Soil Science Society of America Journal
Soil Science Society of America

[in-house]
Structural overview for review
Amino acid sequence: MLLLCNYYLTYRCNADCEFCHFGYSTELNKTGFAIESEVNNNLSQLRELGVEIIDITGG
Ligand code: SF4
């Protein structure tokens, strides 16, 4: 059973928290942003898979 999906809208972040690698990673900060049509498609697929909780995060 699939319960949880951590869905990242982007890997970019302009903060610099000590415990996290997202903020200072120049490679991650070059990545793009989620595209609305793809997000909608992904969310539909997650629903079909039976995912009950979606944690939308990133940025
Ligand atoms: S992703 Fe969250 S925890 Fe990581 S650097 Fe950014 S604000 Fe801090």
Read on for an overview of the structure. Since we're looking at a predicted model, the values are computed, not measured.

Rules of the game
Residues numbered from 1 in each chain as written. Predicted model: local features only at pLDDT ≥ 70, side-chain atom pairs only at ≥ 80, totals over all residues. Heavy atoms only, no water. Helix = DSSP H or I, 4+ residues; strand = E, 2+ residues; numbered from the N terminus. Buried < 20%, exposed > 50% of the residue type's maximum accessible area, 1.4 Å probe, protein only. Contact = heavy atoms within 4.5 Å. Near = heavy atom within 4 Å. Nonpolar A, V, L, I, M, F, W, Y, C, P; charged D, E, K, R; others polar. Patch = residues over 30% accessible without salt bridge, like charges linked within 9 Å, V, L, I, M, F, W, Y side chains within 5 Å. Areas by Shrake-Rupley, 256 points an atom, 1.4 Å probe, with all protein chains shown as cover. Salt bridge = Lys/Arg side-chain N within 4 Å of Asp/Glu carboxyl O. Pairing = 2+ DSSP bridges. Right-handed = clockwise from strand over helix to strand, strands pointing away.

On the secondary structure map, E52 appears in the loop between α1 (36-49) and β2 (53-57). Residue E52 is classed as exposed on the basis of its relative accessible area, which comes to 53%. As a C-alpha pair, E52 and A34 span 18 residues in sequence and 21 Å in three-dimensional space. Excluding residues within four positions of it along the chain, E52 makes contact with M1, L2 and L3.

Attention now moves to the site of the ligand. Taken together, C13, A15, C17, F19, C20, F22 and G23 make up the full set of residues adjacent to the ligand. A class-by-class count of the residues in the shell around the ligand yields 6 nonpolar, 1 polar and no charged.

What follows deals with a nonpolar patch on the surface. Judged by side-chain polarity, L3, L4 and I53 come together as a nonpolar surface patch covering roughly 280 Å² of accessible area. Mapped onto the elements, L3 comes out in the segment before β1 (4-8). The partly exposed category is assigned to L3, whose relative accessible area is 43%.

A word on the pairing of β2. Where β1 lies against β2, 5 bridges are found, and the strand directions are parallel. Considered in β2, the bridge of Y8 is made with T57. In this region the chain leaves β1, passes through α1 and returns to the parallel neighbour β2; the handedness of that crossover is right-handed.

The highly dynamic, fine-root component of forested wetland ecosystems has received inadequate attention in the literature. Characterizing fine root dynamics is a challenging endeavor in any system, but the difficulties are particularly evident in forested floodplains where frequent hydrologic fluctuations directly influence fine root dynamics. Fine root (< 3mm) biomass, production, and turnover were estimated for three soils exhibiting different drainage patterns within a mixed-oak community on the Coosawhatchie River floodplain, Jasper County, SC. Within a 45-cm deep vertical profile, 74% of total fine root biomass was restricted to the upper 15 cm of the soil surface. Fine root biomass decreased as the soil became less well-drained (e.g., fine root biomass in well-drained soil > intermediately drained soil > poorly drained soil). Fine root productivity was measured for one year using minirhizotrons and in-situ screens. Both methods suggested higher fine root production in better drained soils but showed frequent fluctuations in fine root growth and mortality, suggesting the need for frequent sampling at short intervals (e.g., monthly) to accurately assess fine root growth and turnover. Fine root production, estimated with in-situ screens, was 1.5, 1.8, and 0.9 Mg ha-1 yr-1 in the well-drained, intermediately drained, and poorly drained soils, respectively. Results from minirhizotrons indicated that fine roots in well-drained soils grew to greater depths while fine roots in poorly drained soils were restricted to surface soils. Minirhizotrons also revealed that the distribution of fine roots among morphological classes changed between well-drained and poorly drained soils.
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